Tuesday, January 27, 2009

Storytelling is Ozarks tradition

By R.D. Hohenfeldt

All over the Ozarks, in diners and cafes, in barbershops and feed stores, you can find a storyteller or two.
That storyteller often likes to "tell one on" a friend who's present, or better yet, "pull the leg" of someone new to the group around the table or the shop counter.
Either way, he's carrying on an Ozarks oral tradition that has been documented in the works of folklorist Vance Randolph.
Dr. Larry Vonalt, professor of English at the University of Missouri-Rolla, says the Ozarks storytelling tradition is at the heart of the best current Ozarks literature, which Vonalt says is found in the works of Donald Harington, an Arkansas writer, and Daniel Woodrell, of West Plains.
Just what makes Ozarks literature Ozarkian?
"It's the idea of the storyteller," says Dr. Vonalt. "Both Harington and Woodrell use first person, and they like to pull your leg."
He added, "But I would say they're not making fun of readers. They're wanting readers to be in on the fun."
The Ozarks authors want their readers to be like the listeners in a cafe or barbershop who have "that sense of pleasure in hearing the story told, maybe in being in on the joke."
Books by Harington and Woodrell will be among those studied in Dr. Vonalt's Ozark Literature and Culture class that begins Jan. 10 and will meet from 6-9 p.m. each Monday throughout the semester.
"The class came out of my interest in Donald Harington's work," said Vonalt.
Three of Harington's books, The Architecture of the Arkansas Ozarks, The Cockroaches of Stay More and Butterfly Weed, are on the required reading list.
Also on the list are Woodrell's Tomato Red, Randolph's Ozark Magic and Folklore and Milton D. Rafferty's The Ozarks Land and Life.
Harington sets his books in Stay More, Ark., a fictitious town in the real Newton County, the state's least populous county.
The Architecture of the Arkansas Ozark is a fictional history of the Ingledew family. Two brothers, Jacob and Noah, arrive at what is to become Stay More, and settle there where their neighbors are the area's last two Indians. The novel follows the family and Stay More from the 1830s to 1970.
"It's humorous and incorporates a lot of Ozarks superstitions," Vonalt says.
In The Cockroaches of Stay More, Harington gives voices to the cockroaches, personifying them as old-time Ozarkers exhibiting such typical Ozarks traits as verbal modesty. There are two human characters, a man and a woman, and the cockroaches bring them together.
Butterfly Weed's narrator is Vance Randolph, speaking from the veterans home in Fayetteville where he died.
"Harington has a really great admiration of Randolph," Vonalt said, and the book is Harington's way of assuming Randolph's mantle as chronicler of Ozarks folklore and culture.
Harington really did meet Randolph, so it's another case of Harington mingling facts with fiction.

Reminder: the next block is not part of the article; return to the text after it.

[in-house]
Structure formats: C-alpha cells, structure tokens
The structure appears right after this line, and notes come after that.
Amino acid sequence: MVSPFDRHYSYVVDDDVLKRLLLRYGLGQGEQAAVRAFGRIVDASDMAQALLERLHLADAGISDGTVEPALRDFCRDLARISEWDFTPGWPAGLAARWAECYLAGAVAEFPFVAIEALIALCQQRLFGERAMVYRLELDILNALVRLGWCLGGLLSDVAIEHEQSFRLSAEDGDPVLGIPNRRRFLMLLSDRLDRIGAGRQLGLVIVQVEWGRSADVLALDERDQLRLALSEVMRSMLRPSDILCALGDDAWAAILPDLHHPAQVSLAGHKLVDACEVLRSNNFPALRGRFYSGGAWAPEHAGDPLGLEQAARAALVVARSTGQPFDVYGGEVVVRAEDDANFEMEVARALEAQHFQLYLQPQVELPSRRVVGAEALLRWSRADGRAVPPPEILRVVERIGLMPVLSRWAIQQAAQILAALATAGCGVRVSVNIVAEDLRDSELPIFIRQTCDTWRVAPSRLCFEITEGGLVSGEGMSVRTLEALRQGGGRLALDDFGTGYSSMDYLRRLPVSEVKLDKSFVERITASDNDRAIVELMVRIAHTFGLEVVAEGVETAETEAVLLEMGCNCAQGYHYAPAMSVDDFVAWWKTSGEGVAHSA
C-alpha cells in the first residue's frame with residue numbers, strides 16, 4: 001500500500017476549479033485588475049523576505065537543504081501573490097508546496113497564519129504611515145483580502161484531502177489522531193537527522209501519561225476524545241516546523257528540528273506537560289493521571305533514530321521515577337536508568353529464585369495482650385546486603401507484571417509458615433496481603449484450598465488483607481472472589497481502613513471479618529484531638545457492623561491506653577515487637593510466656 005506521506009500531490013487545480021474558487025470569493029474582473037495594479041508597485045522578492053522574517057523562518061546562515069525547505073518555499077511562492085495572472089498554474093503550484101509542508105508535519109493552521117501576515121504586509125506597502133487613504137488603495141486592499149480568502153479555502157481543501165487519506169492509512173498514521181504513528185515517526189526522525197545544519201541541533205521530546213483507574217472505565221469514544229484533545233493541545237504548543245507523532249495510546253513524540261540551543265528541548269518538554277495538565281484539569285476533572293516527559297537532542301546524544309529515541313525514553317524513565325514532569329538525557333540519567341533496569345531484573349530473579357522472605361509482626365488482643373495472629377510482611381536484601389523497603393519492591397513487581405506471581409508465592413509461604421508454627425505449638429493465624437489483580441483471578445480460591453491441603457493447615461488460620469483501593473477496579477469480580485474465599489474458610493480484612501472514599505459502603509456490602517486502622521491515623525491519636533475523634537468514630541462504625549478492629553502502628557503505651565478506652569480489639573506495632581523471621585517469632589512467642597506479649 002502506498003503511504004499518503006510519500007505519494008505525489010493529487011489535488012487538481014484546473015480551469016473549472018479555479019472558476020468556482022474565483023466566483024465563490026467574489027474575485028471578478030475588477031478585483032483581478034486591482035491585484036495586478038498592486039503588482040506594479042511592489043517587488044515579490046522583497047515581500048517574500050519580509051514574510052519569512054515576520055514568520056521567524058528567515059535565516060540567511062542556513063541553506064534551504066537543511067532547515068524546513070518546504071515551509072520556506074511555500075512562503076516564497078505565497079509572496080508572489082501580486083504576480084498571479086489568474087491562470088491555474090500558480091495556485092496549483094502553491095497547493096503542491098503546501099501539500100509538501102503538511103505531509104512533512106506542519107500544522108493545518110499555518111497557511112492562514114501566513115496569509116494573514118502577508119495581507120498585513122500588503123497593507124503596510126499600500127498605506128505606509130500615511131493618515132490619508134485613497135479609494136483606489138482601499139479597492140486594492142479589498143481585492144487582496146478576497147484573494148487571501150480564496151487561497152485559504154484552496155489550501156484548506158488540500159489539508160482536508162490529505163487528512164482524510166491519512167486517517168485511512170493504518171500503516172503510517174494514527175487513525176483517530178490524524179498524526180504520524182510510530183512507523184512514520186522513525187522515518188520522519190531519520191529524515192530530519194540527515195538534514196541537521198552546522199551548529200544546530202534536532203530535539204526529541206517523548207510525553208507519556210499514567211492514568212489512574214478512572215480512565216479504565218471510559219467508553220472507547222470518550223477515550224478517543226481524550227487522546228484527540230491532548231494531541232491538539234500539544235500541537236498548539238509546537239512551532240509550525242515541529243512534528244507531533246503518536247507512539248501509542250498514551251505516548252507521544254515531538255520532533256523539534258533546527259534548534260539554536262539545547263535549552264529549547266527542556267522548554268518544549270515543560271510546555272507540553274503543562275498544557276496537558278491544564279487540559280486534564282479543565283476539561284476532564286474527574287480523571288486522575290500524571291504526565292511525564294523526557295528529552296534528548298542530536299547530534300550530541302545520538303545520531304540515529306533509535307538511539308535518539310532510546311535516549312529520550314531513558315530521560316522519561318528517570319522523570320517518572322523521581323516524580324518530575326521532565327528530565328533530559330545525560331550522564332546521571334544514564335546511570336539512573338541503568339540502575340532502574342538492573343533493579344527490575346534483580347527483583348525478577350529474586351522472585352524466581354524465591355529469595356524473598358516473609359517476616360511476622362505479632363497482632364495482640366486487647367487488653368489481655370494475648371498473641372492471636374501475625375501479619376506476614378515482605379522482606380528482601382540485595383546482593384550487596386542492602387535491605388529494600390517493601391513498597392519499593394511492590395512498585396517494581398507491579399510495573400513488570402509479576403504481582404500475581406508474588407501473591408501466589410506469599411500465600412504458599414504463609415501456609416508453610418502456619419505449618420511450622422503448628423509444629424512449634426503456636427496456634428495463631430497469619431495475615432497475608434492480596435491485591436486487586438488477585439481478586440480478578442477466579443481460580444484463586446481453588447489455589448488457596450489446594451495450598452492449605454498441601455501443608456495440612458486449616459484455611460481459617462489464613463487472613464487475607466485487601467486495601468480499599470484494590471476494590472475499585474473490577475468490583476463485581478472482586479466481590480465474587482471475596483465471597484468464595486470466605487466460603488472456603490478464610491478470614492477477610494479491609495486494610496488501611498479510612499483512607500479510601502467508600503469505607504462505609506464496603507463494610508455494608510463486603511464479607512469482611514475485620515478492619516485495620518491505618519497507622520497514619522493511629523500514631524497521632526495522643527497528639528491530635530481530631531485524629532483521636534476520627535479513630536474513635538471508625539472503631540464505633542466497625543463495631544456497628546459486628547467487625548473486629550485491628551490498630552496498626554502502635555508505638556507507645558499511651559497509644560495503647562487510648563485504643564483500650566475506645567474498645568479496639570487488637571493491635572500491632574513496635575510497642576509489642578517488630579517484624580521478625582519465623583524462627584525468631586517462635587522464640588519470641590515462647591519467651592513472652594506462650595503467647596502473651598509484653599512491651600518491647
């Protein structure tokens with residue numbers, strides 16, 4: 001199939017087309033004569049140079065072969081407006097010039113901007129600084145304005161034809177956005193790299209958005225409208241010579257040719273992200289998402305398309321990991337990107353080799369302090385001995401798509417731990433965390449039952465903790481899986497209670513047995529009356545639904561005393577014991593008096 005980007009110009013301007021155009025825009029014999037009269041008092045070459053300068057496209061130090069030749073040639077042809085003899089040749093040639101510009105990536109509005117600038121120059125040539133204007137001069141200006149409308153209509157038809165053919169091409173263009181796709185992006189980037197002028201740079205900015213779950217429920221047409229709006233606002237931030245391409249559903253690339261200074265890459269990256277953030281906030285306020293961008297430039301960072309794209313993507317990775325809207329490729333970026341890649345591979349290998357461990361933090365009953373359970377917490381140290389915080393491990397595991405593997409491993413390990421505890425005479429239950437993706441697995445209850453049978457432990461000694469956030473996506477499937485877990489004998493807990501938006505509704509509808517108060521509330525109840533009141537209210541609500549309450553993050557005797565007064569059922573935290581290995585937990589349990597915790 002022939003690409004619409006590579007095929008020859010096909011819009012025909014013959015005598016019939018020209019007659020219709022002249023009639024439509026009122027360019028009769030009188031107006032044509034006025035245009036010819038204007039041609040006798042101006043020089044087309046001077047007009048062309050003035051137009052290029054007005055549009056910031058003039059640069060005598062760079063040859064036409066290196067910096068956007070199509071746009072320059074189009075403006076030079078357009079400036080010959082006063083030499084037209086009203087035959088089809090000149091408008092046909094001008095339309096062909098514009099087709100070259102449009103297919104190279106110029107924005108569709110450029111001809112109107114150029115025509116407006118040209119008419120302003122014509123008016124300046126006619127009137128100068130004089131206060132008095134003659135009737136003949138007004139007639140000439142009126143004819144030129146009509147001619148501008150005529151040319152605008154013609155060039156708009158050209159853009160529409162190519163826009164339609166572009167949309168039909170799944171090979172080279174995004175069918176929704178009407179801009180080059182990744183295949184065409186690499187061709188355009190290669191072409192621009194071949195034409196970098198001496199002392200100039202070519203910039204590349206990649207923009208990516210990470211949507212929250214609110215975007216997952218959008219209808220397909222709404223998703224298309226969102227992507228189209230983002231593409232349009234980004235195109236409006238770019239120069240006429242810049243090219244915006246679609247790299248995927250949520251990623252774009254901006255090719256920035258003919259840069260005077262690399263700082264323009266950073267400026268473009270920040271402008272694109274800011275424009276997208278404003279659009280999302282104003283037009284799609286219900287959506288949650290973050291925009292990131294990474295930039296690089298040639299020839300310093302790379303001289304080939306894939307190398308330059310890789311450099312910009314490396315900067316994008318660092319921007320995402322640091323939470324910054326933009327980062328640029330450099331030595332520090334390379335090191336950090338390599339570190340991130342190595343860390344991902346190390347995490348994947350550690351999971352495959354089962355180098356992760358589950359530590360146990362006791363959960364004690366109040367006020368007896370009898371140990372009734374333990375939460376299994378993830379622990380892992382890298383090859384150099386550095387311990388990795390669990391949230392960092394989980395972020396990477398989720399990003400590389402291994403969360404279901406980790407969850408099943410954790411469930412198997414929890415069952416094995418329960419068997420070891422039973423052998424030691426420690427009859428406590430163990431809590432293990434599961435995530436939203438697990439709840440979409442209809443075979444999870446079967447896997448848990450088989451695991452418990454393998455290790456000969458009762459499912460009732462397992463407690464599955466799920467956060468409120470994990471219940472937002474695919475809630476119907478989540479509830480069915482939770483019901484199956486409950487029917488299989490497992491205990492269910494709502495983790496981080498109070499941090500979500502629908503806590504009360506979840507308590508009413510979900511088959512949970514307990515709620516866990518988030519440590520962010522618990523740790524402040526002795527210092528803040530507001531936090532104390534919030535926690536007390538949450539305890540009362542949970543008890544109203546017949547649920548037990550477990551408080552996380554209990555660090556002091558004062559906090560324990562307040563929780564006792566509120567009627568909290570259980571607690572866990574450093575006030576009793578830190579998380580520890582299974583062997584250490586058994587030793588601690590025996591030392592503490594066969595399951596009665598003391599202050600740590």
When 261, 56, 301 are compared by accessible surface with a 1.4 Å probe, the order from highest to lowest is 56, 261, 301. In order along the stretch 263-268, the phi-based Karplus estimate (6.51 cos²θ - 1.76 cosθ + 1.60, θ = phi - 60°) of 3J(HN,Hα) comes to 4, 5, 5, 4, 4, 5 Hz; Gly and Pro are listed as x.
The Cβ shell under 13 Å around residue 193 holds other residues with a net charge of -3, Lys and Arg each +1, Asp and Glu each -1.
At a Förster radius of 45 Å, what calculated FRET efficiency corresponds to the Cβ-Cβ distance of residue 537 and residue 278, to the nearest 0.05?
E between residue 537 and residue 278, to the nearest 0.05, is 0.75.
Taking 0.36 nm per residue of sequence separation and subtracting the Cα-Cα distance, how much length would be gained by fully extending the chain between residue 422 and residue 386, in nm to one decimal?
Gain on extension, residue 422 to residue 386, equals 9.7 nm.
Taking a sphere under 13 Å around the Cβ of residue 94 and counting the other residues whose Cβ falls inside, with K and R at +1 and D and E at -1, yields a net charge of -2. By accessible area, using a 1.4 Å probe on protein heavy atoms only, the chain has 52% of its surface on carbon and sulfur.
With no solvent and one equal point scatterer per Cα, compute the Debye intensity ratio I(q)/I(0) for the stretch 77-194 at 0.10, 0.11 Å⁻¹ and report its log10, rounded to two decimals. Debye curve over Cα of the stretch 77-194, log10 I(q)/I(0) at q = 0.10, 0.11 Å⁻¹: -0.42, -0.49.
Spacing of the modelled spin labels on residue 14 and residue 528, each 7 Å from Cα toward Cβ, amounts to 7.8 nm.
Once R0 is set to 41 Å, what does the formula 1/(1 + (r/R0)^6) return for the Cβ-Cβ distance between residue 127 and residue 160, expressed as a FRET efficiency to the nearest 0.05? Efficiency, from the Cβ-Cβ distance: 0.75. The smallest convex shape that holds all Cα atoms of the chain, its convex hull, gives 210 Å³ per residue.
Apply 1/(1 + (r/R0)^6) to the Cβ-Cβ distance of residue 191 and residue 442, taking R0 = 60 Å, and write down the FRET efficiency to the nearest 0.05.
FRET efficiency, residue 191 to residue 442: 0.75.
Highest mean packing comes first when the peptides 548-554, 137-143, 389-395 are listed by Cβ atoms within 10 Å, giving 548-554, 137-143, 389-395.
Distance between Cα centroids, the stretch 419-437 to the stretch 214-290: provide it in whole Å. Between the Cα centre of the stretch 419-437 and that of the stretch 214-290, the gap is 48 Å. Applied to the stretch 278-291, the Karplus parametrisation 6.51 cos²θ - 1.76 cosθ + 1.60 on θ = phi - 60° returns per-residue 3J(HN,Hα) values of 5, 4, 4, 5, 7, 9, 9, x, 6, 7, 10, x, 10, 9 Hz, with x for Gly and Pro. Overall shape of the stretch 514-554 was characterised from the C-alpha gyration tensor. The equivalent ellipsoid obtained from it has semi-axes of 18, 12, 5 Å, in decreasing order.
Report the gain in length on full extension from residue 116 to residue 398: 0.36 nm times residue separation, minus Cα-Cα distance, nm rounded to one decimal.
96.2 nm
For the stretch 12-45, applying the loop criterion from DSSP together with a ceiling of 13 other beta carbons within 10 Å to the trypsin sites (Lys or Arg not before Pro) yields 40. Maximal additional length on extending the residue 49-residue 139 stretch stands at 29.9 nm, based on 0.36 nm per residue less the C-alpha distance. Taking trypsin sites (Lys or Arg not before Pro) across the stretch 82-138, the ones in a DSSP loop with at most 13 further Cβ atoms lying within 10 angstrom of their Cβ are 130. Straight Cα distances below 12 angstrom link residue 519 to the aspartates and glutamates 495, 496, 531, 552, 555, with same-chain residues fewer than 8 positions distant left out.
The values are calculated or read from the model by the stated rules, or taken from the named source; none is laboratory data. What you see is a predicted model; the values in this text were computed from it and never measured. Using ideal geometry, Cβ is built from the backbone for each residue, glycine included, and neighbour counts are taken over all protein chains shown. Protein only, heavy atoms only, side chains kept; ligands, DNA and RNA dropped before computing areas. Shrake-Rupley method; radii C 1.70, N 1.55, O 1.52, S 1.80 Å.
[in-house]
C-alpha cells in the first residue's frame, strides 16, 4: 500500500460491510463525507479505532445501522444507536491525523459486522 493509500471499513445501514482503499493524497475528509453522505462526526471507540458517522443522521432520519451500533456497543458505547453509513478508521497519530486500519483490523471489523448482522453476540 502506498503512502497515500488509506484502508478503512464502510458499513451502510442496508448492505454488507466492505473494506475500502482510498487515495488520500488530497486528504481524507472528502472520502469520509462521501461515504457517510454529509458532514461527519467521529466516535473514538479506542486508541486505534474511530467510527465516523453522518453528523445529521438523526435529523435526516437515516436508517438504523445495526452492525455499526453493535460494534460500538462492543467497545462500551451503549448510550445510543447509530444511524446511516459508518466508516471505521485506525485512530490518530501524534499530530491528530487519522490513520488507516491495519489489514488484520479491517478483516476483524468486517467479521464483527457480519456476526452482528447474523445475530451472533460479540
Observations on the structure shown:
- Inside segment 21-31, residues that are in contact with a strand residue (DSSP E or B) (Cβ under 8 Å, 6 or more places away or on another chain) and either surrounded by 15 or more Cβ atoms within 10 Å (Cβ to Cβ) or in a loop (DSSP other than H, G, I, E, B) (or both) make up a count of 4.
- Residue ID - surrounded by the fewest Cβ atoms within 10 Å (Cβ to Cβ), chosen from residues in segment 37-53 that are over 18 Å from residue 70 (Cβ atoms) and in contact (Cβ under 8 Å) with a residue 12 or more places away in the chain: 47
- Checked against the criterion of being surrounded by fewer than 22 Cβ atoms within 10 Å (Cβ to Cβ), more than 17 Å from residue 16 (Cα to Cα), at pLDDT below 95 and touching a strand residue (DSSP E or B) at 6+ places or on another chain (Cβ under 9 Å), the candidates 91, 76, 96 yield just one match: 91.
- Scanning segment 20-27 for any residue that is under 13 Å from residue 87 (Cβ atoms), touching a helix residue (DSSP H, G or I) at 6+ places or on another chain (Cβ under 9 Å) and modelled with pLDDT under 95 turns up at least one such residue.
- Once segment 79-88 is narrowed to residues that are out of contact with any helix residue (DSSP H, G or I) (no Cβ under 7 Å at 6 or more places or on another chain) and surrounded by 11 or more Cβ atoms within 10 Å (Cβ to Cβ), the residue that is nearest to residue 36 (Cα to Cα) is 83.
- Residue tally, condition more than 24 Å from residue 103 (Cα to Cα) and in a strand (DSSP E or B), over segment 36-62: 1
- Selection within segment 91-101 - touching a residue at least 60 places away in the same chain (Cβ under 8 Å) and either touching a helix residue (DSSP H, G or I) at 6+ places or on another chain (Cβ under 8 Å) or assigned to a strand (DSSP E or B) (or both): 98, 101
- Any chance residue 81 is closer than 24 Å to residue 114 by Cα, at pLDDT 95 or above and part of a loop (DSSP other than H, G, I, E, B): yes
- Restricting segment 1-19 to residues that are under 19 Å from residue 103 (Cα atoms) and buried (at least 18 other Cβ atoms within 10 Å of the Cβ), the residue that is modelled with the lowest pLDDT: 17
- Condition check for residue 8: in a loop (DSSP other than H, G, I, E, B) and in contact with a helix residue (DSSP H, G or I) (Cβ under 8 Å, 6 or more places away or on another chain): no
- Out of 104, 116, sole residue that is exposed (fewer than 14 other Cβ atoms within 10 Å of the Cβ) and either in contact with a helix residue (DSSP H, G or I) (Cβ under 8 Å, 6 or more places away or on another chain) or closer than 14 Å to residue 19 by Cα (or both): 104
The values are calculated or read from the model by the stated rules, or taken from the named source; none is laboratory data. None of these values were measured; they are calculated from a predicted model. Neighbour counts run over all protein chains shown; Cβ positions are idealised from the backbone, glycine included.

"He wants you to believe it's all true," Dr. Vonalt says; that's part of the tall-tale telling tradition."I tend to think of Harington's work as very playful."
Is Harington the William Faulkner of Ozarks literature? "He's been called that," Dr. Vonalt says.
But that's not quite fair to Harington. He's no mimic of Faulkner. He's an original voice from the hills.
Another original voice is Woodrell, who writes what he calls "country noirs."
"He deals more with contemporary people of the Ozarks," Dr. Vonalt says, adding that the characters are not necessarily people of high moral standards. Woodrell will include, for instance, the use of crack by Ozarkers. That's what Woodrell means when he says his works are "country noirs."
Also on the reading list is Randolph's book about Ozarks superstitions and Rafferty's general look at the Ozarks culture.
"There are other writers I'm not going to be dealing with, but students will be assigned to read these and make reports. Someone will likely read The Shepherd of the Hills," Dr. Vonalt says.
That book by Harold Bell Wright appeared in print first in 1907. It's probably the first work of fiction set in the Ozarks.
There are some other contemporary novels about the Ozarks that Vonalt will not tackle. He says they're books about the Ozarks, set in the Ozarks, but they're not distinctively Ozarkian and they're not good literature.
He goes back to Harington for that.
"With Harington, you can read it and enjoy it for the story, and for what's going on inside the story. He has a very vivid imagination."
Radio, television and the automobile have changed the Ozarks. There are still remote areas in Southern Missouri and northern Arkansas, but they're no longer isolated.
"You can live way off in a 'holler' and work in Springfield," Vonalt says.
That mobility and better communication methods mean "the idiosyncrasies we identified as Ozarkian no longer exist," Vonlat says.
Nevertheless, although they may use better grammar, storytellers are still at work entertaining their friends in the Ozarks.

Note: Dr. Larry Vonalt passed away several months after this article was published in The Ozarks Chronicle in January 2005.

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